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Could an independent marketplace solve healthcare’s data-sharing problems?

The technology and standards are in place to make healthcare data shareable between providers, payers, companies and consumers. What’s keeping it from actually happening, according to entrepreneur Brian Baum, is a fair and sustainable business model around sharing health data, and an independent marketplace where it can happen. Baum is the founder and CEO of […]

The technology and standards are in place to make healthcare data shareable between providers, payers, companies and consumers. What’s keeping it from actually happening, according to entrepreneur Brian Baum, is a fair and sustainable business model around sharing health data, and an independent marketplace where it can happen.

Baum is the founder and CEO of vitaTrackr, a startup that’s hoping to unlock market demand for health data by serving as a neutral party whose purpose is to connect those who want it to those who have it.

“What’s happening right now is that a health system, a payer or a pharma company defines what its data needs are and then they go out and make connections to obtain that,” Baum explained. That’s inefficient because there are thousands of points on one side of the equation trying to connect with thousands of potential points on the other side of the equation.

“We intermediate the two parties and say, if you’re a health system, you make one data connection to us, define what sources you want and if appropriate which individuals you want data for, and then we are connected to the sources.”

Baum, a repeat health industry entrepreneur and a former principal at Ernst & Young’s healthcare practice, founded vitaTrackr out of the belief that the healthcare industry is approaching an era of “health data neutrality.” That means that the mere possession of health data would no longer be a competitive differentiator for organizations. In the world that the company envisions, consumers would have more control over who is authorized to see their identified or de-identified data.

It would work like this: Organizations that collect data (a lab, for example, or a health kiosk company) would register in vitaTrackr’s marketplace by defining what data it’s collecting and how it interacts with the owners of that data. On the flip side, organizations that are looking for data would register by defining what levels of authorization they have for data, what kind of data they need, and how they obtain authorization for access to that data. VitaTrackr does the matching and facilitates the exchange, taking a transaction fee in the process and giving a piece of it to the data provider.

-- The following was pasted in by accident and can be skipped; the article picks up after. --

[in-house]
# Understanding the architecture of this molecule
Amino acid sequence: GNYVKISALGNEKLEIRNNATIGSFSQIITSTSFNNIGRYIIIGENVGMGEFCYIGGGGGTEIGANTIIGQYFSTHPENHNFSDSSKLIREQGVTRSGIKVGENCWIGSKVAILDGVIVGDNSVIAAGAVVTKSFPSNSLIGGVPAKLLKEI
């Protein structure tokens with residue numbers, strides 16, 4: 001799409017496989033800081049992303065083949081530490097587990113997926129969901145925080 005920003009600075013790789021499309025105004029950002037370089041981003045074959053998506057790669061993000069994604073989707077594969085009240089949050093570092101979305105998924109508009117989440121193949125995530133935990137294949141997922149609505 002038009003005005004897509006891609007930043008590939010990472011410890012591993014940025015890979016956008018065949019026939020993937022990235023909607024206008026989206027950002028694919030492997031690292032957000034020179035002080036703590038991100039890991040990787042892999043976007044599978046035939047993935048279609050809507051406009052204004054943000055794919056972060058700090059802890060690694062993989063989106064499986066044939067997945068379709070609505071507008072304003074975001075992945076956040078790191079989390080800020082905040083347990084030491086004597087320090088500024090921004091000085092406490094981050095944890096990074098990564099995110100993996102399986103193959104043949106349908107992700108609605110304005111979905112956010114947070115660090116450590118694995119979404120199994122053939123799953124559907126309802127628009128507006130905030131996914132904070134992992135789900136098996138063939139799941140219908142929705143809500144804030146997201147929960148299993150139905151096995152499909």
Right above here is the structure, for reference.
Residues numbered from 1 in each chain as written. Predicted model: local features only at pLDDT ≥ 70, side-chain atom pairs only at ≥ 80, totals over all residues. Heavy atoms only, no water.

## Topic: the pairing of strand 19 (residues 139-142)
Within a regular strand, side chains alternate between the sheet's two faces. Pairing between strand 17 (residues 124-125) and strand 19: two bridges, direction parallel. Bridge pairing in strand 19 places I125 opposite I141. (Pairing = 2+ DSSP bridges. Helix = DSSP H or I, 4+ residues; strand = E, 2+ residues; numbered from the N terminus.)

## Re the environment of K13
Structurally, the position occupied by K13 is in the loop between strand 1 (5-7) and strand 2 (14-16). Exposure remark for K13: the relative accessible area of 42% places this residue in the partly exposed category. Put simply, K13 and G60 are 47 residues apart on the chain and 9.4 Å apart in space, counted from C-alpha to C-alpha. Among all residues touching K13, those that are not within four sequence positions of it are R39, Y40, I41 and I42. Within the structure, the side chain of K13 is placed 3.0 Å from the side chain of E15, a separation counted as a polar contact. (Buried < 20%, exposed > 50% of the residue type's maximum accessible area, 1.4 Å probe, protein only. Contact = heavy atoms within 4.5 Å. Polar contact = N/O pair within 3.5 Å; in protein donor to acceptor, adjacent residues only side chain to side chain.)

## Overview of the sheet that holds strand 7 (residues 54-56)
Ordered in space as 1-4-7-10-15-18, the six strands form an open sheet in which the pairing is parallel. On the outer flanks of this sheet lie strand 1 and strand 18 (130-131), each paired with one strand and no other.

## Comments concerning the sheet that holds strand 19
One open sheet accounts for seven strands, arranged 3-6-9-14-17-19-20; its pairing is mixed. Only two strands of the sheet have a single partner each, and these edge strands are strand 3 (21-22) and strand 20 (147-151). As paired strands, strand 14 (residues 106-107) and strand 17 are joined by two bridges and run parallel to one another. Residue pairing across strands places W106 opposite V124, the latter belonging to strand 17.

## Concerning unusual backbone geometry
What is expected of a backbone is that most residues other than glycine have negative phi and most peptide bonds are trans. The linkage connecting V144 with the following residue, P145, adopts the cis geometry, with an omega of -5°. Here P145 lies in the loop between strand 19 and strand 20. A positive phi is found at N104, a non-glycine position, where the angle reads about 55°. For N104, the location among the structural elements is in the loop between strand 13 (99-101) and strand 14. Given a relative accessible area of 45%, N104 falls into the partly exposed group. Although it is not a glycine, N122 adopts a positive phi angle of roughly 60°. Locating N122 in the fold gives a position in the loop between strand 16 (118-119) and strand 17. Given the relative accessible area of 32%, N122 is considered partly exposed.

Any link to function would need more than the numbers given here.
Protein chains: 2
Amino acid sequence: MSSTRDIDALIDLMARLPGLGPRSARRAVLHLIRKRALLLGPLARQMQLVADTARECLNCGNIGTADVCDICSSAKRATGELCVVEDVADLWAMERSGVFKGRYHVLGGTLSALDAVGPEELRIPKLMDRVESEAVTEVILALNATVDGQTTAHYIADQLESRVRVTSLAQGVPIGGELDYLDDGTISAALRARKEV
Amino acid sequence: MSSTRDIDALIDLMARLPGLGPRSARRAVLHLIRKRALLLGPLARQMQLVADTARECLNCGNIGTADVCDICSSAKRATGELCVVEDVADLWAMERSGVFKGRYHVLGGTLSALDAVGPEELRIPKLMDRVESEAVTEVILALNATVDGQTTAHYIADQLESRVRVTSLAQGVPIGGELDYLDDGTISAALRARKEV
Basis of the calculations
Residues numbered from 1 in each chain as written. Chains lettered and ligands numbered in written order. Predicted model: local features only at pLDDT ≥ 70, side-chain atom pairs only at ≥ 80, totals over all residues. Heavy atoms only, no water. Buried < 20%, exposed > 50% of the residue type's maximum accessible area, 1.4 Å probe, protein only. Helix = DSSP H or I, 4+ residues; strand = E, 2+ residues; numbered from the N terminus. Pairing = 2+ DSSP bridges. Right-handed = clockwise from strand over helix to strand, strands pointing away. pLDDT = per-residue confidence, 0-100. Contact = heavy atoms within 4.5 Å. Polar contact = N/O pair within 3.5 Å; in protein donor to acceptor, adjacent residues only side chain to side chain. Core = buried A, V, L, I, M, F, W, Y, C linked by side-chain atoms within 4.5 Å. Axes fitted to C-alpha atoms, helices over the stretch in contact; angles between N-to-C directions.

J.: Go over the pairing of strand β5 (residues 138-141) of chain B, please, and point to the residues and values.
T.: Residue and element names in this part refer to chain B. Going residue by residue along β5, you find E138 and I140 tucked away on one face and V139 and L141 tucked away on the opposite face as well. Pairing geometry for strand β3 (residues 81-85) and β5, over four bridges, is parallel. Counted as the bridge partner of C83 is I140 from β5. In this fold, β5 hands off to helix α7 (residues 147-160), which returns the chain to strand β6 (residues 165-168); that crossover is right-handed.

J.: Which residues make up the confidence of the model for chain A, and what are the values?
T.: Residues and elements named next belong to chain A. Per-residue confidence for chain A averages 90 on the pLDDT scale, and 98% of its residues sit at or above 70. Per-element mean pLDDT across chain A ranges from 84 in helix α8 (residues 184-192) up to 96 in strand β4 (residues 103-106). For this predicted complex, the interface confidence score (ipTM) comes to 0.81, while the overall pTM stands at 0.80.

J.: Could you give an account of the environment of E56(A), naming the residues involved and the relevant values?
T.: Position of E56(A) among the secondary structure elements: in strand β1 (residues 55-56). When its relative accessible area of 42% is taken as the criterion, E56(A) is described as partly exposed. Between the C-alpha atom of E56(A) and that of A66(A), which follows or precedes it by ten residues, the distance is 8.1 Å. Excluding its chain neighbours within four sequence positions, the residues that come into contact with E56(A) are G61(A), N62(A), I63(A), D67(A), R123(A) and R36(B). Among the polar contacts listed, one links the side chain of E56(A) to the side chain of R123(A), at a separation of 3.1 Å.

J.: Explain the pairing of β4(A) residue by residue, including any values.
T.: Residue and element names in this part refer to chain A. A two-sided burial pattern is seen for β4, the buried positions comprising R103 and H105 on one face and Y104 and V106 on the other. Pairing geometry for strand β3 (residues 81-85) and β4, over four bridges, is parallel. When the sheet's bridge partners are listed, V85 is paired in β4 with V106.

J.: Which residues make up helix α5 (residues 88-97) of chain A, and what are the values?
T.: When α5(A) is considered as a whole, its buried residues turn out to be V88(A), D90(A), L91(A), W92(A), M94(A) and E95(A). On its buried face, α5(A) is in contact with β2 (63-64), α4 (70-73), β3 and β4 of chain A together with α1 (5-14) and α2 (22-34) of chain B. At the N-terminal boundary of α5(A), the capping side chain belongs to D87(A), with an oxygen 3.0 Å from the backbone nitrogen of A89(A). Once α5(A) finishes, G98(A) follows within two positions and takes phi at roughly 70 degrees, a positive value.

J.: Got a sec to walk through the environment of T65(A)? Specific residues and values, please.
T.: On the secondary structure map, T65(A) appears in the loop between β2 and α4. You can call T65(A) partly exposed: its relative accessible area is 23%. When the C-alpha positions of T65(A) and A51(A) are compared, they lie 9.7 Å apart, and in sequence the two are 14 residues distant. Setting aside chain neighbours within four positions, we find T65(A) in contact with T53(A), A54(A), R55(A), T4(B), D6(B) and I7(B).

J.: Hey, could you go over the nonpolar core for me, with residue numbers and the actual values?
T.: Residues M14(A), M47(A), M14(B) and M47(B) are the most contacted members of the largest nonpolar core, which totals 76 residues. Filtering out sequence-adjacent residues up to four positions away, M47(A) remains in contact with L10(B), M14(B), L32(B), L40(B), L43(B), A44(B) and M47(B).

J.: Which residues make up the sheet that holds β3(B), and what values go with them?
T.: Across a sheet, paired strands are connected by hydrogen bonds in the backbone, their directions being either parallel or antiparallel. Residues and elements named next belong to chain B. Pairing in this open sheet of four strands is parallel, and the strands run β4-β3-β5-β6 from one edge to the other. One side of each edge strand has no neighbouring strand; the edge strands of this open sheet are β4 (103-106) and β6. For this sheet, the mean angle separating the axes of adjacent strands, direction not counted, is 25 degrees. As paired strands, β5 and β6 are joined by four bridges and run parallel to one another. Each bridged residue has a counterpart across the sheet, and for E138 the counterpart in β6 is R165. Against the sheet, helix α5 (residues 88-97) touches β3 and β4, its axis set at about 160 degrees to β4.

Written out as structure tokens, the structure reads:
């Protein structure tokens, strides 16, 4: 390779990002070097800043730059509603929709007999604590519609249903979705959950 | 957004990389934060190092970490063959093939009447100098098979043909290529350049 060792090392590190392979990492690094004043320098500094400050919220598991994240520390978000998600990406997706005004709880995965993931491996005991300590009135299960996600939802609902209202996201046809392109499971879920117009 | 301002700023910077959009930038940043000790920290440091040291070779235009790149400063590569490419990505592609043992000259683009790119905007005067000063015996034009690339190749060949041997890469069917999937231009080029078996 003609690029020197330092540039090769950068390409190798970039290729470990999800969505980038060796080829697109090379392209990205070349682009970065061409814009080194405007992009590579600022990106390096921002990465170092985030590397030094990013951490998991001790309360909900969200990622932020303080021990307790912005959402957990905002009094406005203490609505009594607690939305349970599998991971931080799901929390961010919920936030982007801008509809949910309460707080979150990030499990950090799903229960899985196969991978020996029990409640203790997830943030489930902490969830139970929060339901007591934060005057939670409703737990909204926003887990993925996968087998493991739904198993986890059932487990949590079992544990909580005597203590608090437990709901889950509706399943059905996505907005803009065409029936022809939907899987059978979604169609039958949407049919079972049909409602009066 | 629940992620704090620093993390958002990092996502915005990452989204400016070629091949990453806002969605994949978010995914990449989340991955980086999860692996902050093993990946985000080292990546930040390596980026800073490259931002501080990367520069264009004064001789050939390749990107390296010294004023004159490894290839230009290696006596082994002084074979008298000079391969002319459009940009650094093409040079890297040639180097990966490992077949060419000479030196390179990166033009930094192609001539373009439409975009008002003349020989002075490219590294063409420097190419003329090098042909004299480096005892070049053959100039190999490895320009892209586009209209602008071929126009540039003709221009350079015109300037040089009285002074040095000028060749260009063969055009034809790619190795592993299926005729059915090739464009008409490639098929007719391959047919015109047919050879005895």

Baum explained one potential scenario where a large employer gives discounts on health insurance premiums to employees who make progress on improving their health or staying healthy. The health plans (via the employer) would be the recipients in vitaTrackr’s marketplace. The data providers would be different kiosks or retail clinics where employees would have periodic weigh-ins or blood pressure screenings and authorize their data to be released to the insurance provider.

With a clearly defined vision, Baltimore-based vitaTrackr is working on assembling a network. It’s invited more than 60 providers, medical device companies, EMR vendors, pharmacies, health plans and other stakeholders to be part of its founding team. These organizations would be part owners in the company and representatives of their industry segments.

“The benefit is this marketplace isn’t owned by one health plan or overly oriented to the needs of one sector,” Baum said. “We want the organizations that provide products and services to create the value propositions and they sell to their customers, and we’re an enabler.”

He anticipates that by the middle of May, about 20 organizations will have committed to being part of the marketplace.

“Our goal is to have all of those organizations focus on what they do as a business and just use data to enhance that,” Baum said. “They could compete on the value that they add to data, as opposed to simply having access to it.”

It’s an ambitious and optimistic undertaking, but Baum thinks that once a core network is built, the marketplace could take off very quickly. “Once the era of health data neutrality is in motion, the scramble will be to connect, not to remain on an island.”